Russia’s War in Ukraine: How It Could End, A conversation with Anatol Lieven.
Anatol Lieven is a senior fellow at the Quincy Institute for Responsible Statecraft. He wrote the book Ukraine and Russia. His writing has appeared in Jacobin, the Financial Times, The American Prospect, and The Nation. This transcript has been edited and condensed.
JON WIENER: We’re speaking on day 40 of the war in Ukraine. Russia has pulled its forces back from around Kiev. Putin has been talking about victory in defending the Russians in the Donbas from the fascists who he claims were threatening them. That seems to point towards the possibility of some kind of settlement. On the other hand, all the news about Russian troops killing civilians has led Biden to say Putin should be put on trial for war crimes. That seems to make a settlement less likely. You wrote in November that we already had the outlines of a settlement in Ukraine. What was that proposal? Is any of it still relevant after 40 days of war?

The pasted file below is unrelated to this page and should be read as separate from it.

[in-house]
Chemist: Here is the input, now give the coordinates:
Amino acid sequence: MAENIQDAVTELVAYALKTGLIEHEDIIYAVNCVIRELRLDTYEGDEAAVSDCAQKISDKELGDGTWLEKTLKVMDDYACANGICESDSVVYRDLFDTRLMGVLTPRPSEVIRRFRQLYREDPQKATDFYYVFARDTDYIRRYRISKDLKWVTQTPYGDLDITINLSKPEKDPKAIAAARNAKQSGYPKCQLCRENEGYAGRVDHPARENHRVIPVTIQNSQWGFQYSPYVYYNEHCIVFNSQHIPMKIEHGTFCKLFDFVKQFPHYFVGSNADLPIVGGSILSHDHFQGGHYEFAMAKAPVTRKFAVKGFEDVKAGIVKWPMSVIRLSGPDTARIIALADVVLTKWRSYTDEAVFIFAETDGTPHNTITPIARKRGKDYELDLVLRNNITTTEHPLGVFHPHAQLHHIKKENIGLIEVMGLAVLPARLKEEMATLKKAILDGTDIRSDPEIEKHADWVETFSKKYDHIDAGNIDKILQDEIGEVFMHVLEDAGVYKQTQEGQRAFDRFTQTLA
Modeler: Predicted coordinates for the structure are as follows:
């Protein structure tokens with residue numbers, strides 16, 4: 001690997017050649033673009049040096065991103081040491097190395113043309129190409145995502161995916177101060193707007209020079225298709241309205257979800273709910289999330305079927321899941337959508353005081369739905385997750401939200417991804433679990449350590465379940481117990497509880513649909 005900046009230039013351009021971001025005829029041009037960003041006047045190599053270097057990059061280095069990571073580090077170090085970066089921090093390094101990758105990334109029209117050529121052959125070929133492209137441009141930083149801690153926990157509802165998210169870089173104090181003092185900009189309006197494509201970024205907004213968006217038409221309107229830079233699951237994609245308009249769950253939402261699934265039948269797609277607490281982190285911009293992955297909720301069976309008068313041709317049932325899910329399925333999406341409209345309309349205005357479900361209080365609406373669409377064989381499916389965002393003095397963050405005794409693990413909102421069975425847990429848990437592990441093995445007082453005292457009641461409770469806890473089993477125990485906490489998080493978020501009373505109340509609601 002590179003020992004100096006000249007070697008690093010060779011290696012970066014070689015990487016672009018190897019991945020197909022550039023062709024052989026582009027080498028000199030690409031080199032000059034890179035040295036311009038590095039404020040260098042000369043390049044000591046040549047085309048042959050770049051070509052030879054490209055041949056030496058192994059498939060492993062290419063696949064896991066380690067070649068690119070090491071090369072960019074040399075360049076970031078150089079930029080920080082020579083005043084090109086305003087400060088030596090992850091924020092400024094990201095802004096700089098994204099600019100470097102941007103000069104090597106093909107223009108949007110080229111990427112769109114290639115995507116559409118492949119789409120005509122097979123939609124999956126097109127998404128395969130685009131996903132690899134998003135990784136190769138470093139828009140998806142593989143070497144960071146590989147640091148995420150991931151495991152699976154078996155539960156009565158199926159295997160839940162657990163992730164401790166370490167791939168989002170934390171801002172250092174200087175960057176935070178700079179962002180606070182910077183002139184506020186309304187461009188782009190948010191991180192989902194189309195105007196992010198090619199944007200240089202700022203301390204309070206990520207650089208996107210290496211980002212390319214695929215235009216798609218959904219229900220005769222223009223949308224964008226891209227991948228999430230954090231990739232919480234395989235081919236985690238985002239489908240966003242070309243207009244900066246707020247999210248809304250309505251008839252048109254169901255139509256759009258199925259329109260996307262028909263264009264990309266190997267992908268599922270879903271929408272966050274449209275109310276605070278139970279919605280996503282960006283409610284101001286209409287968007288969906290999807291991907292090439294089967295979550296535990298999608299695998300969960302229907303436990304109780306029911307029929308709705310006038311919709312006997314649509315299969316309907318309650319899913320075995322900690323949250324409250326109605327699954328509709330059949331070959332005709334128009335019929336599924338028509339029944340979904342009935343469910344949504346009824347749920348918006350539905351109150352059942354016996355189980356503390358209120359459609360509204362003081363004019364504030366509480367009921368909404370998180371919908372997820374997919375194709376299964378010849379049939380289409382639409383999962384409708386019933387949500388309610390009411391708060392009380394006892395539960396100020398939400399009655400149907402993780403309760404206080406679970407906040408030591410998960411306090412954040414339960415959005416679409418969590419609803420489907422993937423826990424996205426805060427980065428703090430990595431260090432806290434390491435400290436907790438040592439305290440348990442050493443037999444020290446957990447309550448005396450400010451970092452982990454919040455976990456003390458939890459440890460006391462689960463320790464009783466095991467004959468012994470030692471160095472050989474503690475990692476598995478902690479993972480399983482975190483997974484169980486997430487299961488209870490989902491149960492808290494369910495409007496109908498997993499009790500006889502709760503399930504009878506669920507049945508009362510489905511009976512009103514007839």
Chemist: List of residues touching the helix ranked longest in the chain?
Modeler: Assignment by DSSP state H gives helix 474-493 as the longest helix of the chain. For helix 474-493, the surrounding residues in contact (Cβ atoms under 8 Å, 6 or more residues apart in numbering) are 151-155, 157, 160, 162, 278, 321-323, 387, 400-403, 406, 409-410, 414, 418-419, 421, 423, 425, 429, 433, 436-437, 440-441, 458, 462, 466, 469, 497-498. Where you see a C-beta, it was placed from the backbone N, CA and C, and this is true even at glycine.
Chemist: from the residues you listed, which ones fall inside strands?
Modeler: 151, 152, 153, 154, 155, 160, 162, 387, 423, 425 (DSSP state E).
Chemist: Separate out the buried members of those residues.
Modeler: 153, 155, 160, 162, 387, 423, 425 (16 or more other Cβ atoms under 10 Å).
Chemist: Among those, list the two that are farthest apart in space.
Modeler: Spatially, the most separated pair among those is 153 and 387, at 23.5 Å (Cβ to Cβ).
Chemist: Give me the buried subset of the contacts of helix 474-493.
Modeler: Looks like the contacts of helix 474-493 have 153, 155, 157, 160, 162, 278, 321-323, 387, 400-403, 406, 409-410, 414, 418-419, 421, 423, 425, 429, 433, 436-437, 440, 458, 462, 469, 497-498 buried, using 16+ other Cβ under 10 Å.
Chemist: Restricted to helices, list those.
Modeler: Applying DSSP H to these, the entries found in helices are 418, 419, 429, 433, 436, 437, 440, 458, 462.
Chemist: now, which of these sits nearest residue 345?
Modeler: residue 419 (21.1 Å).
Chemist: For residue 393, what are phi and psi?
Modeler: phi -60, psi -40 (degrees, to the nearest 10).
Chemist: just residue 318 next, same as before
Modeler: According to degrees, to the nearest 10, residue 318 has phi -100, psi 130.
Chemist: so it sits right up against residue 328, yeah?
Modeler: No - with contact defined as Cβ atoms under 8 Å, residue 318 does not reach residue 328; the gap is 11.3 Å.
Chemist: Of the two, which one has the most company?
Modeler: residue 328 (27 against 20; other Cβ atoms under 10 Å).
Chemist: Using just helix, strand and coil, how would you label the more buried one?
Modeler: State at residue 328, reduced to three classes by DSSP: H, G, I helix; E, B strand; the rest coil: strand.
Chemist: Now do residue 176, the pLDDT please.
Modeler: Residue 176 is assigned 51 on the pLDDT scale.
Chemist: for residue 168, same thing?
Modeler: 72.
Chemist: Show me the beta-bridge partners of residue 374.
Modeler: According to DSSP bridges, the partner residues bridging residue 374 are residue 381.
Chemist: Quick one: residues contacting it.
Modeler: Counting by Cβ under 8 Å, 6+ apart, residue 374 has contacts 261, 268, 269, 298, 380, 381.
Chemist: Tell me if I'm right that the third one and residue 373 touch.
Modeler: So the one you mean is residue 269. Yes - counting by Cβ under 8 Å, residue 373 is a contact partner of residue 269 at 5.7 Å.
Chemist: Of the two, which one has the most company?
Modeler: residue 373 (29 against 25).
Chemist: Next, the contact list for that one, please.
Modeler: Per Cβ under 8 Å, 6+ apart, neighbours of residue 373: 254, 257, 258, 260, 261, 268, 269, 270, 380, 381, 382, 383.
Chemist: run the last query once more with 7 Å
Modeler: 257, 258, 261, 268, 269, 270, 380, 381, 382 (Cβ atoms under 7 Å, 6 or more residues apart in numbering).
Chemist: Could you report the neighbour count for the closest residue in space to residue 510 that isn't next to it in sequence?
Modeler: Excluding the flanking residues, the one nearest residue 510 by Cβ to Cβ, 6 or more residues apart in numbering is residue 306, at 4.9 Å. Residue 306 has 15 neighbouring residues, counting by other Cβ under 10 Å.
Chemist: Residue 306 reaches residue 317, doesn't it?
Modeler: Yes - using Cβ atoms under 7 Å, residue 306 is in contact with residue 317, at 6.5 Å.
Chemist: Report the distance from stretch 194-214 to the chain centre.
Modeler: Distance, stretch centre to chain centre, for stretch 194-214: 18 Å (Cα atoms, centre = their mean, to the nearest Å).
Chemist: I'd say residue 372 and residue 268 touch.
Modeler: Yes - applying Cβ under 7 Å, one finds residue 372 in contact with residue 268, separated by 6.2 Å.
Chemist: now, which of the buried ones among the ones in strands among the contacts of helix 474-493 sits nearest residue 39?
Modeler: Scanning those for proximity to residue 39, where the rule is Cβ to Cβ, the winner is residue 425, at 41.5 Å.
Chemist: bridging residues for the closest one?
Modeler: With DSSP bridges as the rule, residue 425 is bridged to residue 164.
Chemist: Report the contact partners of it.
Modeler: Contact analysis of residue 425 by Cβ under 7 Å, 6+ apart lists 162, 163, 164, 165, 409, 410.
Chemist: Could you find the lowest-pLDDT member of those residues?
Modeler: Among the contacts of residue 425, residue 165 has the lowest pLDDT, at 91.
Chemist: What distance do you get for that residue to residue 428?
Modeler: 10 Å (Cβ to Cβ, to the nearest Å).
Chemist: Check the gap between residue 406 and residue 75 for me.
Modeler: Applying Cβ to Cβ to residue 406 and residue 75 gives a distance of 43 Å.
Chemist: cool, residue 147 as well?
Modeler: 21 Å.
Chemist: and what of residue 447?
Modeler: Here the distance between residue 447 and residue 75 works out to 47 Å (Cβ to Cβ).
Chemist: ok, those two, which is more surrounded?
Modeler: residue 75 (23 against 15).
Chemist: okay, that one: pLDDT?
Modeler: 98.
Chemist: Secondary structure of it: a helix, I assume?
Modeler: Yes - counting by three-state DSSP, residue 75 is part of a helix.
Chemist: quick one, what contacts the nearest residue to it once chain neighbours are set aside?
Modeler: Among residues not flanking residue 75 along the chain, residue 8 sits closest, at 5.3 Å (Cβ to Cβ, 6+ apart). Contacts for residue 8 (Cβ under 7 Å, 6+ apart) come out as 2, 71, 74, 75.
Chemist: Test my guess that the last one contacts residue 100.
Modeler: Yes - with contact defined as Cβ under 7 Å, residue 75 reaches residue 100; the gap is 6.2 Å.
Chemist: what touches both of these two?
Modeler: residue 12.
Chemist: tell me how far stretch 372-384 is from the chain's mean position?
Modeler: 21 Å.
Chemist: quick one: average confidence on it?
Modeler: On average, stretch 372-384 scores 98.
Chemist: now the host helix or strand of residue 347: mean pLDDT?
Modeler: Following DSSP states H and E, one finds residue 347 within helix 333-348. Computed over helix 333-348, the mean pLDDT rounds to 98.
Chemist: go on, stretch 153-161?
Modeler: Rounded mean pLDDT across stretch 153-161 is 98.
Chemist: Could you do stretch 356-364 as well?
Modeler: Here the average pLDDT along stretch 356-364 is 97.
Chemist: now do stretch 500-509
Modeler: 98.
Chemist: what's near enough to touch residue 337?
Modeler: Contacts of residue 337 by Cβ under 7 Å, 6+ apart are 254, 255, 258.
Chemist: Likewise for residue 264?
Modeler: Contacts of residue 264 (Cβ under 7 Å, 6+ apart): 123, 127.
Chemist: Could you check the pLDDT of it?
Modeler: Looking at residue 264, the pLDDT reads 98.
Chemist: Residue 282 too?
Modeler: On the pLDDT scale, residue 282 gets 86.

ANATOL LIEVEN: Minsk II was an agreement between Ukraine and Russia brokered by France and Germany, whereby the two separatist parts of the Donbas in Eastern Ukraine, which had rebelled against Ukraine with Russian support, would go back into Ukraine, but on the basis of full local autonomy. There were all sorts of problems about Minsk II, but the basic one was that the Ukrainians refused either to let the Donbas republics become independent or to pass the laws on autonomy which were necessary in order to implement the Minsk agreement—because they were afraid that an autonomous Donbas within Ukraine would act as a break on Ukraine moving towards the West. That was probably true, but of course it was only on the basis of autonomy that you could solve that issue.
The United States and the UN both endorsed the Minsk agreement in 2015. But the West did nothing really to push the Ukrainians into implementing it, or, on the other hand, allowing the Donbas to go. Along with that was the offer of NATO membership that was not really an offer of NATO membership. And Ukraine also refused to offer a treaty of neutrality. I must make very clear: Nothing can excuse the Russian invasion of Ukraine. But it must be said that we and the Ukrainians also missed numerous diplomatic chances of averting this war.
JW: Let’s talk about neutrality for Ukraine. It’s usually regarded as something that would be a huge and dangerous sacrifice for Ukraine. Is that the way you see it?